You certainly don’t have to be a teacher to be a good storyteller. Think about every salesman, journalist, stand-up comedian, entrepreneur and marketer you’ve ever met.

But it’s not so easy to be a good teacher without being a storyteller.

Think about this quote from Roger Schank and Robert Abelson, cognitive psychologists and experts in learning, memory and the role of story:

“Storytelling is not something we just happen to do. It is something we virtually have to do if we want to remember anything at all.”

If these powerful words are true, then we can never teach effectively without incorporating stories. Stories are the currency of our trade — the way we hook students, engage their minds and help them build understanding.

This sounds extreme. What about teaching students to solve algebraic equations? What about teaching the parts of a cell? Or the dates of the Civil War? Clearly, it’s possible to impart factual knowledge without any narrative content.

But memorizing discrete facts is not the same as learning or understanding. Learning is about organizing new knowledge, applying understanding, using it to make sense of the world — and that only happens when we integrate our new understanding within the narrative framework of our brains.

Here’s an example. In econ class, I define “consumer surplus” as the difference between a consumer’s demand and the price paid for a good. I can draw a nice triangle on a graph. I can even test students on their ability to find and label the correct shape.

But if I want this concept to stick and have meaning for my students – if I want them to remember it beyond the next test — I have to employ storytelling.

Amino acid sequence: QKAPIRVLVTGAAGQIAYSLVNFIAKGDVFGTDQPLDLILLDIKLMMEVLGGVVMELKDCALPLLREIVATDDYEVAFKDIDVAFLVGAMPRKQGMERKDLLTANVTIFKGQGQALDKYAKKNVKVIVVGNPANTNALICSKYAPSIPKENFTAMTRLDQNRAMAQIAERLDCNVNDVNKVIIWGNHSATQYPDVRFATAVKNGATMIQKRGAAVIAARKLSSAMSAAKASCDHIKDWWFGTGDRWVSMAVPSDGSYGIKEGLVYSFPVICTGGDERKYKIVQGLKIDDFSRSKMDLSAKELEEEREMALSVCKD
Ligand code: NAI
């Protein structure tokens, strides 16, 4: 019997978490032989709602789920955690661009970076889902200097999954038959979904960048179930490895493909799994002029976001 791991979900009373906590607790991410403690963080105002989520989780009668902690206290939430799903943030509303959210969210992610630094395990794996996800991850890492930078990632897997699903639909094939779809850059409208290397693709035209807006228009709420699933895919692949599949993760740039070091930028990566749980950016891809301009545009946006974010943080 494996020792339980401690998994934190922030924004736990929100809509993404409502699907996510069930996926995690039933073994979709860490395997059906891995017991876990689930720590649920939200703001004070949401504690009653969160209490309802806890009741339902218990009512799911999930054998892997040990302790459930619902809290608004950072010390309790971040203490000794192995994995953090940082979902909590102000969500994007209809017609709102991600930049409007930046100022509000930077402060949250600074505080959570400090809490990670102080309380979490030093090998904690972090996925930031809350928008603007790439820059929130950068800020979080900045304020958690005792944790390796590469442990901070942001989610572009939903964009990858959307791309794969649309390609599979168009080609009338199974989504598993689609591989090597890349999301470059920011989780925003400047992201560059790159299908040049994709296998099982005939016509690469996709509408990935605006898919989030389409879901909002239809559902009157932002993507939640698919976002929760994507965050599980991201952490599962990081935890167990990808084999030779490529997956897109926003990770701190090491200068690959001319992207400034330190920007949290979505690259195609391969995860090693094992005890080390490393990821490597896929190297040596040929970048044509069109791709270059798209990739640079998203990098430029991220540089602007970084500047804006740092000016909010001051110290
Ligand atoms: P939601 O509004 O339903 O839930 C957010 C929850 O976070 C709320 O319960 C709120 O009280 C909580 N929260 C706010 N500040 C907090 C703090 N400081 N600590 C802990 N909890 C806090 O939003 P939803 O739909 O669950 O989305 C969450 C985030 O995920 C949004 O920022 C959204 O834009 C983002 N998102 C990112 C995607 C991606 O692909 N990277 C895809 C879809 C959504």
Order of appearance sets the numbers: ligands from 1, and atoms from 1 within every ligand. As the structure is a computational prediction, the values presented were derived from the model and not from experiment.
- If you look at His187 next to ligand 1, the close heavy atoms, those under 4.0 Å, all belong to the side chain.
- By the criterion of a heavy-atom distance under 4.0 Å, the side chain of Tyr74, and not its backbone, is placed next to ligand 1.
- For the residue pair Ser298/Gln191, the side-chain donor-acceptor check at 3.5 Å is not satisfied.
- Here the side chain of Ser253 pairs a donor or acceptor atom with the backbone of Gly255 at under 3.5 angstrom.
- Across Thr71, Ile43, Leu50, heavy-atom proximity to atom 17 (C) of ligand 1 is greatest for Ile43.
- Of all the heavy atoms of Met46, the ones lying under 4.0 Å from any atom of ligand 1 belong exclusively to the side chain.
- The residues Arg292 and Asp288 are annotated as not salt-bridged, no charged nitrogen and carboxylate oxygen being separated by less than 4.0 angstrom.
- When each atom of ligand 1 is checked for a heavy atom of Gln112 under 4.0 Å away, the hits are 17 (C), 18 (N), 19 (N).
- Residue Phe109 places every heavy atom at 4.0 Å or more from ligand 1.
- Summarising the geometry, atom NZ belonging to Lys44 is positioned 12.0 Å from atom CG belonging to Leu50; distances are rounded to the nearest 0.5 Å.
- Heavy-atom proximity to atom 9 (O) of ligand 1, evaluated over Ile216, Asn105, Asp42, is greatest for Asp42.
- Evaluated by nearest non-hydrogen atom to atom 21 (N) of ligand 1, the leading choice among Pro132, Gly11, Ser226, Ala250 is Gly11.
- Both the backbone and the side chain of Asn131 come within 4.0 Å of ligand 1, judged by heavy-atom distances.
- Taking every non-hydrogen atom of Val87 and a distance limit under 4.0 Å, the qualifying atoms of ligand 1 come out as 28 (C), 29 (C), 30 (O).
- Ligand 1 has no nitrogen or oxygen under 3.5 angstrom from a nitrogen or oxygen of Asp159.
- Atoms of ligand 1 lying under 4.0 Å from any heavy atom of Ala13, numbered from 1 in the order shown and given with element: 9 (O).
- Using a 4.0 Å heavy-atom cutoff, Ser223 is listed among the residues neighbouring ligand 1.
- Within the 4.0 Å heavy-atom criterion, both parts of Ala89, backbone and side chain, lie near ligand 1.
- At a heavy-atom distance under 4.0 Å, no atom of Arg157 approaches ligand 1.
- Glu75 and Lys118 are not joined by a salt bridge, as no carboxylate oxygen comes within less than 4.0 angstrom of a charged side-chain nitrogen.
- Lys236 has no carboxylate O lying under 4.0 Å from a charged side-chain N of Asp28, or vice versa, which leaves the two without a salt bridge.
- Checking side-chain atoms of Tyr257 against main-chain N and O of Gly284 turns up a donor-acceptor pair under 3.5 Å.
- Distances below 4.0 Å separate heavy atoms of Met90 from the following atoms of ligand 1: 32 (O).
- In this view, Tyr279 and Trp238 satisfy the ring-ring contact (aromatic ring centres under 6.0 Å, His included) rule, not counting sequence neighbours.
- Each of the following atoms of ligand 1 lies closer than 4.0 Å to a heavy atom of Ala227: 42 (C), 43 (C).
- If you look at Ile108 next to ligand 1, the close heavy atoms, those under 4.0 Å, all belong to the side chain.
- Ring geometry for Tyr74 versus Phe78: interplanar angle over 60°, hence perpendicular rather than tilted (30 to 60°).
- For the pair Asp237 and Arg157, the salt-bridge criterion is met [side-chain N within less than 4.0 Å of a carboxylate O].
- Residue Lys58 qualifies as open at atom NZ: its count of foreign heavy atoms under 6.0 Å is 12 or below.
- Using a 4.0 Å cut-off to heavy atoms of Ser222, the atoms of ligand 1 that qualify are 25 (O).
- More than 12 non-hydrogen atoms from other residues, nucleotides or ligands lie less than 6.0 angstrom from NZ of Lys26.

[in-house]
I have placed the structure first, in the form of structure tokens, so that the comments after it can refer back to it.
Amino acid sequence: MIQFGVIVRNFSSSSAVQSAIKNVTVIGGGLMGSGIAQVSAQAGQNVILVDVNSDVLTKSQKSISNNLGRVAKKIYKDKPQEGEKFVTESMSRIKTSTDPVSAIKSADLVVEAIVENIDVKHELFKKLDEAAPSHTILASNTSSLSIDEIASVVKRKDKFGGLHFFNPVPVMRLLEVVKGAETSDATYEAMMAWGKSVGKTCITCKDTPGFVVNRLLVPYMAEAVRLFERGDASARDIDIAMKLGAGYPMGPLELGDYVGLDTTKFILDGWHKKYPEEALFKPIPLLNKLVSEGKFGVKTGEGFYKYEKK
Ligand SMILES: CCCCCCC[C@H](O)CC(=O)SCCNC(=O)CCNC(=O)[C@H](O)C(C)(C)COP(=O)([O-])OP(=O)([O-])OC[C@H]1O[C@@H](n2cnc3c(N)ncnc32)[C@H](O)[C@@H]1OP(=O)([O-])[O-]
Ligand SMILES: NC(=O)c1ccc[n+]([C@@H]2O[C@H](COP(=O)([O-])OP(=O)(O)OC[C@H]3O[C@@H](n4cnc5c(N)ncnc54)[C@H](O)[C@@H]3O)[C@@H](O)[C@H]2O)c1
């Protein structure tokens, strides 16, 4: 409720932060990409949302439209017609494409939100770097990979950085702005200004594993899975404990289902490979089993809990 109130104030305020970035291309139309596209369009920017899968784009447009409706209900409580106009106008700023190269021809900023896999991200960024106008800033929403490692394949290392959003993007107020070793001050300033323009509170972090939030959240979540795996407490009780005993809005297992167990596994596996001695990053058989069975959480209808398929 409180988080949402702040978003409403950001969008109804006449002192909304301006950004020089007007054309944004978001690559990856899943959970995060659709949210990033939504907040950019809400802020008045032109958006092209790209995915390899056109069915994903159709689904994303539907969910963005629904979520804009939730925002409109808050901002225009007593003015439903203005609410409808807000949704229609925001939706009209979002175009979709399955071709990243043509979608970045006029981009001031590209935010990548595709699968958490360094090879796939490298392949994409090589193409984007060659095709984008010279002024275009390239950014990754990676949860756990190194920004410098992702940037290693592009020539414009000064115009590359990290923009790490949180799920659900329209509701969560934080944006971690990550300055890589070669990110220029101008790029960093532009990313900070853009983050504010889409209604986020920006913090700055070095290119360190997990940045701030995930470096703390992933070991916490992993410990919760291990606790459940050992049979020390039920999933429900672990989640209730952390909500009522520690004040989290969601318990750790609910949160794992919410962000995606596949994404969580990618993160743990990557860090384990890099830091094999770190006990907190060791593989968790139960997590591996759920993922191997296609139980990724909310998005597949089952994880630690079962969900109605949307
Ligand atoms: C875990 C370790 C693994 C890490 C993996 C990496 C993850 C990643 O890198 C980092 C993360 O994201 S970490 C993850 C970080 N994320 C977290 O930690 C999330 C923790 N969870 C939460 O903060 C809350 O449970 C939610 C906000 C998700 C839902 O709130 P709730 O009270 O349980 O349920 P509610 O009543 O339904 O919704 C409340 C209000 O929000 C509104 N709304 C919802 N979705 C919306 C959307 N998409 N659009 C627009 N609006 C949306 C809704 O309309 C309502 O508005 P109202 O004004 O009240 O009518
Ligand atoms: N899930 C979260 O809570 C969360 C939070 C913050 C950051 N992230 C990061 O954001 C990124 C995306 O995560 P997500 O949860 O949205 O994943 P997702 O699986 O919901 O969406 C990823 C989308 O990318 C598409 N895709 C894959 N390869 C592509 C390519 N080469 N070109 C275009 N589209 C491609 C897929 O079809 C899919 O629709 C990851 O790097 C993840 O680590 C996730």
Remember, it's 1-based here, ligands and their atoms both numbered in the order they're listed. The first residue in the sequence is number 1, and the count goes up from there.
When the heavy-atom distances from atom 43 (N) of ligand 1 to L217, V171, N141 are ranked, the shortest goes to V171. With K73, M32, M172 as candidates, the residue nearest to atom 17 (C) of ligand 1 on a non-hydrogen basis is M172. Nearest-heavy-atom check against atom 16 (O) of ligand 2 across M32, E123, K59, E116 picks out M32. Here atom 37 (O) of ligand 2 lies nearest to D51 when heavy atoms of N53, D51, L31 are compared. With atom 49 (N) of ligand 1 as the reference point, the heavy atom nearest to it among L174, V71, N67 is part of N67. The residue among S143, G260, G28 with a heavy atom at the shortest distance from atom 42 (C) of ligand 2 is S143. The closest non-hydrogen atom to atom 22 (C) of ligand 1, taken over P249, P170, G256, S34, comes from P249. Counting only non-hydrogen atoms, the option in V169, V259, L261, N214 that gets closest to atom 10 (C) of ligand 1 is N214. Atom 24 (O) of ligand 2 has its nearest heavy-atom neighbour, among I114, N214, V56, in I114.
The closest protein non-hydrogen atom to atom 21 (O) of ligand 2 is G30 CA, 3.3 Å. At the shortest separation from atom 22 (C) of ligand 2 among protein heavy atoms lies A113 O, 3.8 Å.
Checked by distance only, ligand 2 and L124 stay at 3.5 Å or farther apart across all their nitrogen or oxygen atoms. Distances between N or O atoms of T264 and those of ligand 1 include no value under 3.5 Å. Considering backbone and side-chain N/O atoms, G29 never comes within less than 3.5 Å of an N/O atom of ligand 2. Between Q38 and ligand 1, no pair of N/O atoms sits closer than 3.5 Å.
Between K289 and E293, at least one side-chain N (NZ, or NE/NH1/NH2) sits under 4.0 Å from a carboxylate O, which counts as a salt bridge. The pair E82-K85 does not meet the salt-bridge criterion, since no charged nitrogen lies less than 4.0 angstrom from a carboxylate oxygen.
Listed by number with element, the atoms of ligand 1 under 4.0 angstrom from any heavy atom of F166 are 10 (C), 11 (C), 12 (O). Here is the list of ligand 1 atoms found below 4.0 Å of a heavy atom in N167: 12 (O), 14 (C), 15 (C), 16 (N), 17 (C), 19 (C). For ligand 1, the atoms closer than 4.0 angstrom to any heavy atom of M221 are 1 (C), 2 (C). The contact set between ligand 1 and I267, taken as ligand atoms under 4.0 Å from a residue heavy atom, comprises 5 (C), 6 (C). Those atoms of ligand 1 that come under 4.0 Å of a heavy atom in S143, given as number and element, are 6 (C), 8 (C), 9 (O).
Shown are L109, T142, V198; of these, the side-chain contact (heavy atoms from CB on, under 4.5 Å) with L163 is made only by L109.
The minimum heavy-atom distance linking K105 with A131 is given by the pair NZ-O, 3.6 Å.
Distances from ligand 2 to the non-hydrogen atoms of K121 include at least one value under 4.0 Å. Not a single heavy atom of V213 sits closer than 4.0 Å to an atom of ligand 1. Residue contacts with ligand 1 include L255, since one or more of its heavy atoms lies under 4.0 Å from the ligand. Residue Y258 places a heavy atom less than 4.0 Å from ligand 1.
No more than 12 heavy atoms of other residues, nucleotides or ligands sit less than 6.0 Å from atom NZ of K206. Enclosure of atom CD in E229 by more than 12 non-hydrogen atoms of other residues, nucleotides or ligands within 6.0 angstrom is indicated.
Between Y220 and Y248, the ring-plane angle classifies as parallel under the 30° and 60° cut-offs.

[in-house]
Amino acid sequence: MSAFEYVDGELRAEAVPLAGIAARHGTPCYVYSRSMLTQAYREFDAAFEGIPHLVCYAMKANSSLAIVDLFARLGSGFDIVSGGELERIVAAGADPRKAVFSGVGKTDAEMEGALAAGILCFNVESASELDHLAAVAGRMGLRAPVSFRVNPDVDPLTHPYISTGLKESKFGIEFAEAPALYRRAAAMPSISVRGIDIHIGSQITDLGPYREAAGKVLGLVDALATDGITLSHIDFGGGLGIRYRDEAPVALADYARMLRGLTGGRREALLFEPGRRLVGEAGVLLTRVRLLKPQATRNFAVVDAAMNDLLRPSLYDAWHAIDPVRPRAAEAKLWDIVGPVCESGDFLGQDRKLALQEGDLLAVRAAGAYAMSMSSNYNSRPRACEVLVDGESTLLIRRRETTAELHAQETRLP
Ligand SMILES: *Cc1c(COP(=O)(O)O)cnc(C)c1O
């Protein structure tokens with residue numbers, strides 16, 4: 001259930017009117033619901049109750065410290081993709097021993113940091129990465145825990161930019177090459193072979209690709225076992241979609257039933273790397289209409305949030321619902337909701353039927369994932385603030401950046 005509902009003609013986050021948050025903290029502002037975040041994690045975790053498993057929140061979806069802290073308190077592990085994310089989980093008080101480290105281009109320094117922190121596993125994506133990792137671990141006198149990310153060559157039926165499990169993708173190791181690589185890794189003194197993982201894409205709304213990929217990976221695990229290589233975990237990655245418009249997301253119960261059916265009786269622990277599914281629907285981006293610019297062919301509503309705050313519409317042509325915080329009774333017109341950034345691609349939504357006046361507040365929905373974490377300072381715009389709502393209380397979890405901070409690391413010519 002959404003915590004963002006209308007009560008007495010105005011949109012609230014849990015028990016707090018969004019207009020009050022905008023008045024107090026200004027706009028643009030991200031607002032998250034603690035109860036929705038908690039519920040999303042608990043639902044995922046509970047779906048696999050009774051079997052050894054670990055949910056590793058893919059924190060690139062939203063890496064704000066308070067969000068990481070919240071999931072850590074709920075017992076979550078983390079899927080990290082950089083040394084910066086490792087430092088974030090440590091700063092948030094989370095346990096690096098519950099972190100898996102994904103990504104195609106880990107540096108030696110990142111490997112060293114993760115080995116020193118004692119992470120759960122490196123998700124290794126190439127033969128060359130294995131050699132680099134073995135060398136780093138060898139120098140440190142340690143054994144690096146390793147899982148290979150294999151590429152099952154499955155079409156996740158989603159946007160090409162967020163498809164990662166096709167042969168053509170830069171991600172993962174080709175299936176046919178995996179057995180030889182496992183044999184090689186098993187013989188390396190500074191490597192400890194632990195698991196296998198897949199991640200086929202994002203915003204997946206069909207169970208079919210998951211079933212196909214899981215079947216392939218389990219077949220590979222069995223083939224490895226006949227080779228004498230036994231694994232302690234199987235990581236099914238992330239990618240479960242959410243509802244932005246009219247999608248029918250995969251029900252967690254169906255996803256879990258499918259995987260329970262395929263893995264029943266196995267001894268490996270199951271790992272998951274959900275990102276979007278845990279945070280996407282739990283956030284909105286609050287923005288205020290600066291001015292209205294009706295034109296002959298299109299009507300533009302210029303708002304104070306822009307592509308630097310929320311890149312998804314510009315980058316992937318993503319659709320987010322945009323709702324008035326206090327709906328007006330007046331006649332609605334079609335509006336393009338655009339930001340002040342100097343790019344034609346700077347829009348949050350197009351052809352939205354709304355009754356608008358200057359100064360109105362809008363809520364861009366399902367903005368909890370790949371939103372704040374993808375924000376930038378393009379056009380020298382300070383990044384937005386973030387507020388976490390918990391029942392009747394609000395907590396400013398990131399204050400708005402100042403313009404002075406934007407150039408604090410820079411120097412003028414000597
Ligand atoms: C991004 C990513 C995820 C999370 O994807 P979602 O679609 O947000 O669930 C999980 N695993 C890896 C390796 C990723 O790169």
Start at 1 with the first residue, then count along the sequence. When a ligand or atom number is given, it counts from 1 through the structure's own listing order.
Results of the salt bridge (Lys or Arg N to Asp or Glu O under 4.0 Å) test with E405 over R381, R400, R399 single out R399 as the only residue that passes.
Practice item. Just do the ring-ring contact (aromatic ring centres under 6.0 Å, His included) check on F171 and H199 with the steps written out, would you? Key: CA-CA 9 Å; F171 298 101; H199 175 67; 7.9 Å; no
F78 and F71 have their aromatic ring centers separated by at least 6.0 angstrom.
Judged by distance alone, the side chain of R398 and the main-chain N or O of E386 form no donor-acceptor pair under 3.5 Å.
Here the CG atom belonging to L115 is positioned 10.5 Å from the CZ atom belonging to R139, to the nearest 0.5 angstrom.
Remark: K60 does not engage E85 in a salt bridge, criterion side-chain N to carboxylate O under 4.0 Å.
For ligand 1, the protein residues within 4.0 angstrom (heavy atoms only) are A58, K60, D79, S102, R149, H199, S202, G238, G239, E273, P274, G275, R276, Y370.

So I tell my students a story about buying a black jacket that I thought cost $80, but was marked down at the register to $20. I tell them about going online to finally buy plane tickets to Europe and finding they were half the price they were earlier in the week. I ask them to share their own stories, and they talk about concert tickets and 2-for-1 Chipotle and scholarships.

This is not just for economics or history or English class.

Mike Lampert, a nationally recognized physics teacher from Salem, Oregon, used stories to explain bridge construction, energy output and batteries, to name a few. Here’s one of my favorites:

“One story I tell them is, ‘You know I never eat my mom’s cookies.’ When you start out a story like that, they go, ‘You don’t eat your mom’s cookies?’ She would take the dough, line the cookie pan with foil, then put it into the oven. As it cooks the foil would get into the crevasses of the cookie dough. The lesson was actually about batteries. You need two dissimilar metals and a voltage… so I start the lesson telling the story about cookies. When you bite into it, the foil will react with the fillings which are a different metal and you have acid in your mouth which forms a battery. It sticks in their mind.”   – Mike Lampert

In 3rd chapter of Beat Boredom: Engaging Tuned-Out Teenagers, I explain how you can use storytelling to build engagement in biology, language arts, math, history and civics class, and provide specific tips for crafting relevant stories — and encouraging students to share their own.

This new video, the first in a series of six Beat Boredom videos, provides a quick look at storytelling as a teaching strategy.

In the video, I use storytelling – sharing a few mildly embarrassing stories from my teenage years — to explain normative social approval (in psych class) and the costs involved in starting a business (in econ class).

Students share a few of their own stories, too, helping to build a sense of community in the classroom.

Want to learn more about storytelling in the classroom? Order a copy of Beat Boredom on Amazon, or fill in the contact request form at www.neverbore.org/contact.